Getting the Most Out of Your Church

I didn’t grow up in church.

The better part of my childhood and adolescence was spent sleeping in on Sunday mornings. Up until my salvation, I was (what we now label) “unchurched”. But when I became a Christian, all that changed. I quickly went from “unchurched” to “uber-churched” in a heartbeat. As a 16-year old baby believer, I was up at the church several times a week – Sunday mornings, Sunday afternoons and nights, Wednesday nights, and even dropping by the church during the week just to see what was going on.

I was a church junkie.

I didnt’ set out to be one. It just kind of happened all by itself. I mean, I had this insatiable craving for truth, and the church had a butt-load of activities, meetings, programs and ministries to meet that hunger. On top of that, I (and the awesome 16-year old friend who had led me to Christ) started a Tuesday night Bible study for our Christian and non-Christian friends. That was in addition to the Wednesday morning 7am Bible study we attended at a crosstown youth pastor’s home, along with regular early morning prayer gatherings with Christian friends from my high school.

To be honest, I simply didn’t know any better. I thought every christian should be as involved and committed as I was. Looking back, all that activity actually served me well. I was SO hungry that no amount of gatherings or number of books could keep me full (I read over 50 books the first year after my salvation experience).

In college I was forced to be a bit more selective and strategic about my schedule. Classes and homework helped me focus on my purpose for being at college without neglecting my spiritual life. I cut down to two Bible studies a week and church on Sunday (sounds like someone trying to quit smoking!)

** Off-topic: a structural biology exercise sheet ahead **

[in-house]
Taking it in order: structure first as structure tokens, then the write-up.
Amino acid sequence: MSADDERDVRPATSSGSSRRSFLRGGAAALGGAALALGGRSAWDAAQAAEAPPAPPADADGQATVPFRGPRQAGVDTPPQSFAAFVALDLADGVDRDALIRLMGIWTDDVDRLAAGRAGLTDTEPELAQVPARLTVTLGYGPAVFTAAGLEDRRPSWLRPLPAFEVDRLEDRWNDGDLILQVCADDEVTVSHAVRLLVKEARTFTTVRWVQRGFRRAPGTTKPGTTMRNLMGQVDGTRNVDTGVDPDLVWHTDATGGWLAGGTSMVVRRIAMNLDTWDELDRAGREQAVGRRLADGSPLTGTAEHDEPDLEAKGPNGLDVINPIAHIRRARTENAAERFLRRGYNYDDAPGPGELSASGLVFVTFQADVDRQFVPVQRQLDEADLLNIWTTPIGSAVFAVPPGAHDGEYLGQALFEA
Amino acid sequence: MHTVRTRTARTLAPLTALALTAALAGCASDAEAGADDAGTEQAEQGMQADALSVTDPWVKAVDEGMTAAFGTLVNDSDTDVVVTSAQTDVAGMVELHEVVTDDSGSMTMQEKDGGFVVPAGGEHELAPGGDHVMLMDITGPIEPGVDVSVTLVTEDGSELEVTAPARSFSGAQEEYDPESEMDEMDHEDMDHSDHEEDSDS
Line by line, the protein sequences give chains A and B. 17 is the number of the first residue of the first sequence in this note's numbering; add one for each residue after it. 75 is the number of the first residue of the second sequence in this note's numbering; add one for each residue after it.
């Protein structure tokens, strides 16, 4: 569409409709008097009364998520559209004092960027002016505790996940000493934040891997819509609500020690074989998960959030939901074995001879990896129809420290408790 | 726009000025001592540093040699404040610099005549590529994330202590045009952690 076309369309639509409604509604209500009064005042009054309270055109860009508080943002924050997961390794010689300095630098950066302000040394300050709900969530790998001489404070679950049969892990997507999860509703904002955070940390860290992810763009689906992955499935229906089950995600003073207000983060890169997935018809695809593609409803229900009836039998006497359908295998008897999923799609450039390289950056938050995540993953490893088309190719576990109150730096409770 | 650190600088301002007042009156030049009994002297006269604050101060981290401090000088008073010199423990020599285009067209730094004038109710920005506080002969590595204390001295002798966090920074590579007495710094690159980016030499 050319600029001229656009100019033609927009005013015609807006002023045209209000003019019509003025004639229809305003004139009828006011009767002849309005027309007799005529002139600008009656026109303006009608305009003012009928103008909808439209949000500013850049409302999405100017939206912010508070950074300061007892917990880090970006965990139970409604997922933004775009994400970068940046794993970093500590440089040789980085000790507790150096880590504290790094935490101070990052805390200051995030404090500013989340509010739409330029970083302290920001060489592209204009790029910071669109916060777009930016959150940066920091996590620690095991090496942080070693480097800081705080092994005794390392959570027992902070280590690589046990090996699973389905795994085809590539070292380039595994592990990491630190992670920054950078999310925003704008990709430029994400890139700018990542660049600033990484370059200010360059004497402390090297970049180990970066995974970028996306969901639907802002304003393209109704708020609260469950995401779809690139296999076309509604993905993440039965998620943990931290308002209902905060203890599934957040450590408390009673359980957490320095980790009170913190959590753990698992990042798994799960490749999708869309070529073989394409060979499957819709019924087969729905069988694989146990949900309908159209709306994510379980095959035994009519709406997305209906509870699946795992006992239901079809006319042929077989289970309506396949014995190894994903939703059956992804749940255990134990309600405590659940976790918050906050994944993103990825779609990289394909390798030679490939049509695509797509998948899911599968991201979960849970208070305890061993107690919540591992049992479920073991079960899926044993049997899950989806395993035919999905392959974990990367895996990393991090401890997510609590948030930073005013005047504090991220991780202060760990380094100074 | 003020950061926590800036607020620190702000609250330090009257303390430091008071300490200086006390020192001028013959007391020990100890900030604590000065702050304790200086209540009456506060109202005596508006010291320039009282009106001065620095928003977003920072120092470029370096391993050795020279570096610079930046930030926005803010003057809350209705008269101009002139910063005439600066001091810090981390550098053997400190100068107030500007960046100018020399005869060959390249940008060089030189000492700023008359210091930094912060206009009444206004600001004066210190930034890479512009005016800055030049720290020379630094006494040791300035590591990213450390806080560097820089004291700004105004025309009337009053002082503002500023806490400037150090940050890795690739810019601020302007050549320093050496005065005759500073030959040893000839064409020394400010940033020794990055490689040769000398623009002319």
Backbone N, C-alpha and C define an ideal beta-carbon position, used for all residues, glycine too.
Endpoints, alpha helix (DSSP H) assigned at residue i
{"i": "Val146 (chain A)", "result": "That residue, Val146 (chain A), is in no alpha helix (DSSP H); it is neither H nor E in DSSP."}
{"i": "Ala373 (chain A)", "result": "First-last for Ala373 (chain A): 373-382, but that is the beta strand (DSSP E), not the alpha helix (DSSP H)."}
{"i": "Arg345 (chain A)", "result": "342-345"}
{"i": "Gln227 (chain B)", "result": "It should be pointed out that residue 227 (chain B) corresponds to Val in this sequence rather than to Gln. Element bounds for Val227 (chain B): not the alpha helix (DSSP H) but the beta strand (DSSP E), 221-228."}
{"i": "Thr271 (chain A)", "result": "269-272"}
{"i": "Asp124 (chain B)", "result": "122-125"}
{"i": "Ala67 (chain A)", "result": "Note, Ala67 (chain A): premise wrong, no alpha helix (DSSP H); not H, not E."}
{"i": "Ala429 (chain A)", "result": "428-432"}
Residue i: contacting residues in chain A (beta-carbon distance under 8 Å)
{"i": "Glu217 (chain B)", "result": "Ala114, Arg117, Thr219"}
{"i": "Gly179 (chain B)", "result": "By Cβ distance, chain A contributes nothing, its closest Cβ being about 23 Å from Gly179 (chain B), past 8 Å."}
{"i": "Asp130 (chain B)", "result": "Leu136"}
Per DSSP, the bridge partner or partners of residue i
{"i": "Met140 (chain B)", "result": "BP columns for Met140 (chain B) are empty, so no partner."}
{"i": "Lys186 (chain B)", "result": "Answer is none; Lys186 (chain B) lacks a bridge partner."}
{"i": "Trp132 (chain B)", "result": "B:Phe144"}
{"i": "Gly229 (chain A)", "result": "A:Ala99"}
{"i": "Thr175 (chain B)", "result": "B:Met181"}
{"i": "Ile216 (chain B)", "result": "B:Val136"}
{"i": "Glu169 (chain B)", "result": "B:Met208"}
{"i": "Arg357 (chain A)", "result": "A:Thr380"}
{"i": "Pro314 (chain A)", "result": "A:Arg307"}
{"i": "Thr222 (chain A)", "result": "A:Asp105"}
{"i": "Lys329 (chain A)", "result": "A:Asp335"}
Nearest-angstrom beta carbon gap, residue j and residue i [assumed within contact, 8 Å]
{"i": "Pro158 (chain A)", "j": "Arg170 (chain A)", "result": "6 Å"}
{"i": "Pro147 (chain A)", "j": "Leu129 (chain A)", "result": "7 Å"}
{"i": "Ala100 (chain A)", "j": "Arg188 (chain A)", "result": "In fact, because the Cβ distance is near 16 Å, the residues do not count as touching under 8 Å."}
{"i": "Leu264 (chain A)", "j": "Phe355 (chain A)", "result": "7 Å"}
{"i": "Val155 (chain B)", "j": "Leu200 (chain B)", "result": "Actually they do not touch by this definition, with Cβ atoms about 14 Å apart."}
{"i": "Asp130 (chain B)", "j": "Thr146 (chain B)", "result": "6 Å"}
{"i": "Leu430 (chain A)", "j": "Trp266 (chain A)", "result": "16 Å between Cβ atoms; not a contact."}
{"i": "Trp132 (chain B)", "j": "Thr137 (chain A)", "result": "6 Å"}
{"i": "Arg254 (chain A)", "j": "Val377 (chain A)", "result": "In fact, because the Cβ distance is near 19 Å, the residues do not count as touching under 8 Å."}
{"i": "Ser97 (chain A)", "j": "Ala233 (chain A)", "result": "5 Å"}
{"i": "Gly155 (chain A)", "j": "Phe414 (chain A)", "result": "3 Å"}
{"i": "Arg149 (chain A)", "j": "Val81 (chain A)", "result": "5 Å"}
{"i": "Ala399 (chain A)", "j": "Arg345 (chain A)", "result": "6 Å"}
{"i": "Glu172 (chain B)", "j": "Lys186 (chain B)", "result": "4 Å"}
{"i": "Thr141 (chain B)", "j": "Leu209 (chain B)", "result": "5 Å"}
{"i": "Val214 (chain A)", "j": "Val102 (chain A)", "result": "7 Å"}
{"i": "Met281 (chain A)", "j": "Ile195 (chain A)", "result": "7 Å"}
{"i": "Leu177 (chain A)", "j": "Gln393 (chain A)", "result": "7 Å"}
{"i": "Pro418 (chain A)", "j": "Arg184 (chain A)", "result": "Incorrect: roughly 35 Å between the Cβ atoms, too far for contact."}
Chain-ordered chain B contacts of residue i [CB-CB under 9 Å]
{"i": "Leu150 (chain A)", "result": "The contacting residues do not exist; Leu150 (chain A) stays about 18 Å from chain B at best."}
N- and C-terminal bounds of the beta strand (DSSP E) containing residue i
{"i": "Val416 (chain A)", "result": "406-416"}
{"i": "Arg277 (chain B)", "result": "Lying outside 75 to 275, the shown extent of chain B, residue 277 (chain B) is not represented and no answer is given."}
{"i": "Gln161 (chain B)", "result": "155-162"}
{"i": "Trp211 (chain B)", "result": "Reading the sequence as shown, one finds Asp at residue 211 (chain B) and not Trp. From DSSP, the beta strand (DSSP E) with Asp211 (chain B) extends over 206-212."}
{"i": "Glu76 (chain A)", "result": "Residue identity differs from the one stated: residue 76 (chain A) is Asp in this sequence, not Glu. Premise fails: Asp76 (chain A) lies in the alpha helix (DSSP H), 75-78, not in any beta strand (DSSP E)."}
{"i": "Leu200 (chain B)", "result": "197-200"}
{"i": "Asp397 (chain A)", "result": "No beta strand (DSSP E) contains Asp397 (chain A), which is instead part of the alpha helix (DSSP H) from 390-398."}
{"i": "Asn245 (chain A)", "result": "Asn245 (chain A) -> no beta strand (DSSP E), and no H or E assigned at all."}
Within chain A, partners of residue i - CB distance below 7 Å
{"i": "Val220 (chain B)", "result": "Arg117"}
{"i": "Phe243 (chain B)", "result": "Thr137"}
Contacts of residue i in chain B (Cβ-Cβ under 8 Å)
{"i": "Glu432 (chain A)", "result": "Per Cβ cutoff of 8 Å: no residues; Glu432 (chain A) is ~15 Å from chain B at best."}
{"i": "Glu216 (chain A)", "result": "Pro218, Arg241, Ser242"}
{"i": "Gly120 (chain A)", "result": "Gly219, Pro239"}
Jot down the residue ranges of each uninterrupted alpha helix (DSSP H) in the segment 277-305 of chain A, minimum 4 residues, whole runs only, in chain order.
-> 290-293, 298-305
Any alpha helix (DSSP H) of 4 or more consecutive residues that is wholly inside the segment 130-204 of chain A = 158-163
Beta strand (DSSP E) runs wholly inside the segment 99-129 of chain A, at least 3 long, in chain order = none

In grad school (seminary), I was in class 7-8 hours a say, then afterwards reading, studying and writing another 5 hours after dinner each night and working 3 jobs in the in-between time and the weekends. Church was limited to Sunday mornings and Wednesday nights (where Bev and I led a jr high Bible study in our home). This went on for 4 years.

For the next 17 years, I served as a pastor in two different church. Needless to say, I was very busy with “church”. Then Bev and I reached a point where we decided to walk away from all that “activity” so we could focus on what was really important in ministry. We left with zero regrets, knowing we had never placed church or ministry before our family and my commitment to our boys.

The church I now pastor meets one time a week.


I know. Weird, right?

Don’t get me wrong. I do lead a men’s discipleship group on wednesday nights and and a long-distance Skype discipleship on Tuesdays. I am “busy”, but just with the really important things a guy like me should be doing. Philosophically, we believe the church shouldn’t gobble up your time like some Jabba the Hut monster. It’s never satisfied, but always wants more of you.